The coronavirus pandemic has highlighted the failings of some plane types while shining a light on the advantages of others. With passenger flights down 81%, the mass grounding of big, inefficient jets has been commonplace. However, for one plane type, more than half the worldwide fleet has remained operational, even through the worst of the crisis. This type is the Airbus A220.
The A220 has shone during the crisis
The popularity of the Airbus A220 has shaken up the world of the narrowbody jet. Since acquiring and rebranding the Bombardier product in 2018, the orders for the type have continued to roll in. From Delta’s massive 95 plane order to Air Austral’s modest booking for three, it seems airlines are keen to make use of the small aircraft for a variety of short- to medium-haul routes.
In the wake of the coronavirus crisis, there have been clear winners and losers. Big, lumbering quad-jets like the A380 were the first to be grounded, with many looking unlikely to ever return to passenger service again. The A220, on the other hand, has largely remained ungrounded; in fact, around half was tracked by Cirium as still being in service last week.
A review of Delta’s fleet activity at the end of April by Forbes showed that every single one of its 31 A220-100s were still in use by the airline. The second-largest operator, SWISS, is planning to resume 140 weekly flights from Zurich and 40 from Geneva next month to destinations in Europe. You can bet that the first aircraft it brings back for these routes will be its 29 A220s.
And then, of course, we have airBaltic, which has taken the challenge of the pandemic as an opportunity to review its fleet strategy. Although it had always planned to become an all-A220 airline, the coronavirus crisis has accelerated the retirement of its Dash-8s and 737s, allowing it to resume operations with a leaner, greener, single fleet type.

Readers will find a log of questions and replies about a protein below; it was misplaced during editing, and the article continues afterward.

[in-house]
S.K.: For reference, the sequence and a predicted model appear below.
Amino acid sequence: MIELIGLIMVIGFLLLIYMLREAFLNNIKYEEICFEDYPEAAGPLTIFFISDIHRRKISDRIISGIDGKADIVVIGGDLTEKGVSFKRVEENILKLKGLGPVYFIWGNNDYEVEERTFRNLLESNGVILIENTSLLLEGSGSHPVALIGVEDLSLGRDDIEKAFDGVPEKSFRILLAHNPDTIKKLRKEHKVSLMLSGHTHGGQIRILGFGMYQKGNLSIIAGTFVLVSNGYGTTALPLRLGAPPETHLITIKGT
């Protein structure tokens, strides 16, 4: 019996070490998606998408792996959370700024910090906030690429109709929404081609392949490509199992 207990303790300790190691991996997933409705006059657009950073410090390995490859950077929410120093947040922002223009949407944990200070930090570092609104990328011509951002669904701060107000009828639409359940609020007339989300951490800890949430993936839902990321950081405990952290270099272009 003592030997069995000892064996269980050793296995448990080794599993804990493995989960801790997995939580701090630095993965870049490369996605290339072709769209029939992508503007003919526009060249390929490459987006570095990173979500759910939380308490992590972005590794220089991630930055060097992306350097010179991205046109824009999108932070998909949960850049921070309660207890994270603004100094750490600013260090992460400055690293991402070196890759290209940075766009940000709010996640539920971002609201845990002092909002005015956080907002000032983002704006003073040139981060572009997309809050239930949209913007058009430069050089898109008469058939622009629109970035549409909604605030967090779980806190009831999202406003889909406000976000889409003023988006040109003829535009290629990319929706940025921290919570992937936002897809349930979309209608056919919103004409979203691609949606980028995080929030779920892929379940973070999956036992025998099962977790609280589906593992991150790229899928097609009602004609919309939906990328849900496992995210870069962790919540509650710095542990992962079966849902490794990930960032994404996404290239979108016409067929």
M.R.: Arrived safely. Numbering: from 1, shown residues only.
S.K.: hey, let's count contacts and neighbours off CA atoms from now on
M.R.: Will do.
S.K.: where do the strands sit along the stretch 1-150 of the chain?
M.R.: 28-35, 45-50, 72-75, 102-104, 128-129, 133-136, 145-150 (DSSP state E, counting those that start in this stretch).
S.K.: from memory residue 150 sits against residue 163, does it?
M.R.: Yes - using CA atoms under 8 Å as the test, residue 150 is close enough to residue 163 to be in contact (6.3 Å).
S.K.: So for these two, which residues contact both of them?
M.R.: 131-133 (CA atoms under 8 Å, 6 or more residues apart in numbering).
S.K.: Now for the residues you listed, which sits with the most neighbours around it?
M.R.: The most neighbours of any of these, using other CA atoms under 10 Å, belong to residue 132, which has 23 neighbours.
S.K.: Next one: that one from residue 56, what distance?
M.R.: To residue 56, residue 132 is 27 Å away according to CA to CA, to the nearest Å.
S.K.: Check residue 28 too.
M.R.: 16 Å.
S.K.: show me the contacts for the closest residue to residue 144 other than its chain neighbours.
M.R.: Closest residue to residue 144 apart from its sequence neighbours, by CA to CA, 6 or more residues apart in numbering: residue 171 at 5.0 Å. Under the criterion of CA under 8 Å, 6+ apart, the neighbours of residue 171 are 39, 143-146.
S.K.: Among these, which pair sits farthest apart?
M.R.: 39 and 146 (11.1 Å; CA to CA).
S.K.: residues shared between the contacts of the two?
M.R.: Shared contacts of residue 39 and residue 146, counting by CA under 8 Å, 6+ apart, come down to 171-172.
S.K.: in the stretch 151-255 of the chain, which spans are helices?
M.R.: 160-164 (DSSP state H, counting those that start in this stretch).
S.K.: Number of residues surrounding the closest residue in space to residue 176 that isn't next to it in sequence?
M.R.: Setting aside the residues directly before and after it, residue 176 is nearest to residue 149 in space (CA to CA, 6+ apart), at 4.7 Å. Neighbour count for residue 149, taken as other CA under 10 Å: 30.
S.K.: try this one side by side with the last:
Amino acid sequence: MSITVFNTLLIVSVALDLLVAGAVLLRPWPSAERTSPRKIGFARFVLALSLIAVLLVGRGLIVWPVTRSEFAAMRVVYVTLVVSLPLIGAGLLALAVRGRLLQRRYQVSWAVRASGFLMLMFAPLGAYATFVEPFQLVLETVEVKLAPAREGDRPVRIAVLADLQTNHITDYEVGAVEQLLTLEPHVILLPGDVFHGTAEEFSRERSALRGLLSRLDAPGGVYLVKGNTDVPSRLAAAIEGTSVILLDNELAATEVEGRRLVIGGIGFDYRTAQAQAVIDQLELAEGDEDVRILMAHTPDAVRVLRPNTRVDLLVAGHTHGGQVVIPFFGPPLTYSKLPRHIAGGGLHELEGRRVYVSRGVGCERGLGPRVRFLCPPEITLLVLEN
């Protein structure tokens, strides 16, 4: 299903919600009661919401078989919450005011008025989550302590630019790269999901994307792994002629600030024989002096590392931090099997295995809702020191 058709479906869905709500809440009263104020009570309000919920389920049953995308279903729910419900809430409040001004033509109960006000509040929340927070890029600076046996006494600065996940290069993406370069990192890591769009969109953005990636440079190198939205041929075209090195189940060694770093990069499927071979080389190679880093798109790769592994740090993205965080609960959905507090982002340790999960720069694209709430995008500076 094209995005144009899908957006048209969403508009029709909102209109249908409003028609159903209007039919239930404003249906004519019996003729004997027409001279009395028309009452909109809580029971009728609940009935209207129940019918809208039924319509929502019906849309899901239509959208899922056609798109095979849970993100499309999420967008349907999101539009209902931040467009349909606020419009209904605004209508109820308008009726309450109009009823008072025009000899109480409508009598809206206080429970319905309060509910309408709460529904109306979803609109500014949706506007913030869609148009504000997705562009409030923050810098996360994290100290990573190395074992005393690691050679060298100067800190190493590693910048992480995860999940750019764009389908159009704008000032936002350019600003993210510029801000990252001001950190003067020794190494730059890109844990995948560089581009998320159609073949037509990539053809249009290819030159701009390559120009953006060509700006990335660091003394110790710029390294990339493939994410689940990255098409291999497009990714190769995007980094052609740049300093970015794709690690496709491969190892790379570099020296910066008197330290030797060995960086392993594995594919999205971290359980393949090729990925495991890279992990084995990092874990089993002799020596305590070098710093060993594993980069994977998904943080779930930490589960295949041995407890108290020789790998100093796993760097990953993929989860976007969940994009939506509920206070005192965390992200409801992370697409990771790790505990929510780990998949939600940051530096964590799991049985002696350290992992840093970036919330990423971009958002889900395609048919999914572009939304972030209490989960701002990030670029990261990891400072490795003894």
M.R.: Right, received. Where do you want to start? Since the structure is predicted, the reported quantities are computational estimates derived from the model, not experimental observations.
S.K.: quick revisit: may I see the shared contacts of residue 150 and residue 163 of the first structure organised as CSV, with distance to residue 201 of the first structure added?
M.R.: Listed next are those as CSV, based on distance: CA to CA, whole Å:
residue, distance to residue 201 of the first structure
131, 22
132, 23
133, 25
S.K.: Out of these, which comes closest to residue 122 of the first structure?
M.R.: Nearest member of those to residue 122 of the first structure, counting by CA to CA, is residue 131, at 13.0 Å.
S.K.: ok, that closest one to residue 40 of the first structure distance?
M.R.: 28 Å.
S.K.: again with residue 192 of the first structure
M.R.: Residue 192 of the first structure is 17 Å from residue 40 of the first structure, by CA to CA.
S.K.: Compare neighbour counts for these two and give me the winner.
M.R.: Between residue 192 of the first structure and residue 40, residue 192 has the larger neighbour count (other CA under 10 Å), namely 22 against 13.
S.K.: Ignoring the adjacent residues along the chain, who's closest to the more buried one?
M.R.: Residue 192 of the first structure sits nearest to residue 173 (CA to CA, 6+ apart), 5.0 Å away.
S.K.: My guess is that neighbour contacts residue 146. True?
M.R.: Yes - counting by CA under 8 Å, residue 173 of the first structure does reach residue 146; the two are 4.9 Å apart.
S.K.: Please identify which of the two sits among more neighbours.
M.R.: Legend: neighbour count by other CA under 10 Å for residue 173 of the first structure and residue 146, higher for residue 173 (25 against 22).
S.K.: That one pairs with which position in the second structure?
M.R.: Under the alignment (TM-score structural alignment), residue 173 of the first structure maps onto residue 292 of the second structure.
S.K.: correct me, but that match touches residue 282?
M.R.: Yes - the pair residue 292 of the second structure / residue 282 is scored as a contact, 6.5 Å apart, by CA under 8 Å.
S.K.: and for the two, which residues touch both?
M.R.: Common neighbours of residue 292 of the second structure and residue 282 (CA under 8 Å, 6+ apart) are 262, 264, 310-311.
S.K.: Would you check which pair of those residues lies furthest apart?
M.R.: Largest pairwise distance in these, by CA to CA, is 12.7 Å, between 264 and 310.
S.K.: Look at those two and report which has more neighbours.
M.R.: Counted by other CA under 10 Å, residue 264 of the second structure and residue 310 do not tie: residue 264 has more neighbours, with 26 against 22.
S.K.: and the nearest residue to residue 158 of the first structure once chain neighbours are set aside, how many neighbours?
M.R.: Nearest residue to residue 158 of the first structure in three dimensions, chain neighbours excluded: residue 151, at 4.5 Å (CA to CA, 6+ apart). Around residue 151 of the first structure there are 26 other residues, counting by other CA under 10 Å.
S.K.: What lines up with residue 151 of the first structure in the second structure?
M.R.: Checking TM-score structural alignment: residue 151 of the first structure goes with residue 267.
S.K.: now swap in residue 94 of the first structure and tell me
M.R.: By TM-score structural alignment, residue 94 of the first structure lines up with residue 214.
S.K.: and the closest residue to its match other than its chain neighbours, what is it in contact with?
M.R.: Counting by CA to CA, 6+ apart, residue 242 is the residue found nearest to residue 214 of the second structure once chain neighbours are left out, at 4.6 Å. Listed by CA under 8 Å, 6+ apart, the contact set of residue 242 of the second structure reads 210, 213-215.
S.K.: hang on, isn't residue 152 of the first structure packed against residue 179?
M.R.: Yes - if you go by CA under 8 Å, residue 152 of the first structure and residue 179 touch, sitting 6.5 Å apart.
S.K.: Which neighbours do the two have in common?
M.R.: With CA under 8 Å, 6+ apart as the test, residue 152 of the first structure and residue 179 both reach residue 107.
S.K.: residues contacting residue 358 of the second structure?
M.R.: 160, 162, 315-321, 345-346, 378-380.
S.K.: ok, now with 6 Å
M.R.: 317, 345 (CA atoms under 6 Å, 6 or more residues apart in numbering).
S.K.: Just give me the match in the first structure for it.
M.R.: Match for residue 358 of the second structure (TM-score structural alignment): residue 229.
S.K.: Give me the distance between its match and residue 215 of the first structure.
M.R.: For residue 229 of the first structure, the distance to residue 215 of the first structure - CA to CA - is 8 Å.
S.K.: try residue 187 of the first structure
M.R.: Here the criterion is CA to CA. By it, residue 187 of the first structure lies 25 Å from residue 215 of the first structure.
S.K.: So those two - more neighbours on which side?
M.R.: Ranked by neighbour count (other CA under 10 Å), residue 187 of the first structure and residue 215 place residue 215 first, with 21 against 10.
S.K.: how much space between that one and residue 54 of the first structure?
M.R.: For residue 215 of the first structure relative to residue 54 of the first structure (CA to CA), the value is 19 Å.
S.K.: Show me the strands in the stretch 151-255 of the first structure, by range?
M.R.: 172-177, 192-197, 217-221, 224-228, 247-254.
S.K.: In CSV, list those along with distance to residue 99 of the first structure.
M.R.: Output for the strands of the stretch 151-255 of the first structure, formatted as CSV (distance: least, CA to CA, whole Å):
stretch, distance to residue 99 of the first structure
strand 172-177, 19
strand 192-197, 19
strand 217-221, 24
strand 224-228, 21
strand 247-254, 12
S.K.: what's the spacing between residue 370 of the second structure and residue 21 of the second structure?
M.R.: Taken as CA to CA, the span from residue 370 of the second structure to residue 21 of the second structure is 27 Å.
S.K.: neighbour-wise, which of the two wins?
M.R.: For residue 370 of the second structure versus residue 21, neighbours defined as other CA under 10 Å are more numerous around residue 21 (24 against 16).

But why is the A220 doing so well, and what does this say about the pandemic and the future of air travel?
Why the A220 is doing so well
There are a few things to understand about the former Bombardier aircraft to get to grips with its incredible success. Firstly, it’s small and incredibly efficient. That means it can fly about as far as an A320, but with fewer passengers and lower fuel burn. It’s lighter than the A320 and has the most modern generation of engines, making it remarkably cost-effective to operated.
In these uncertain times, flying fewer passengers is a good thing. Being able to do it cheaply is even better. This is clearly demonstrated in the high number that have remained in service even through the worst of the crisis. Although SWISS didn’t operate many flights in May, of those it did, 83% were serviced by the A220, according to Cirium.
The A220 is a clear win for passengers too. Wider seats, bigger windows, and reduced noise onboard all lead to a calmer, more reassuring environment. The large, modern bathrooms and airy cabins give a better sense of space, so while social distancing may not end up being practical, passengers may feel less ‘packed in’ on this gamechanging narrowbody jet.
What does the future hold?
Although the future of the aviation industry hangs in the balance, airlines are still confident on the position of the A220 in their fleets. Air Canada has accelerated the retirement of no less than 79 aircraft but still plans to take its full allocation of A220s this year. JetBlue, too remains committed to taking its first A220 in the second half of the year, and there’s no change to the Air France delivery dates either.
While Airbus hasn’t had any more orders for the type since the start of the crisis, that’s a trend seen across all aircraft types. Airbus remains cautious, committing to sticking with its four aircraft a month production rate but delaying the ramp-up in output until the dust settles. Nevertheless, yesterday it opened its new A220 production facility in Alabama, signaling its confidence in the type and cementing its ability to boost production when the time is right.
Whether the coronavirus crisis turns out to be a catalyst for demand for the narrowbody remains to be seen. What is clear, however, is that those operating the type are finding it well suited to the currently turbulent situation.
Have you flown the A220? Do you rate it as a plane? Let us know in the comments.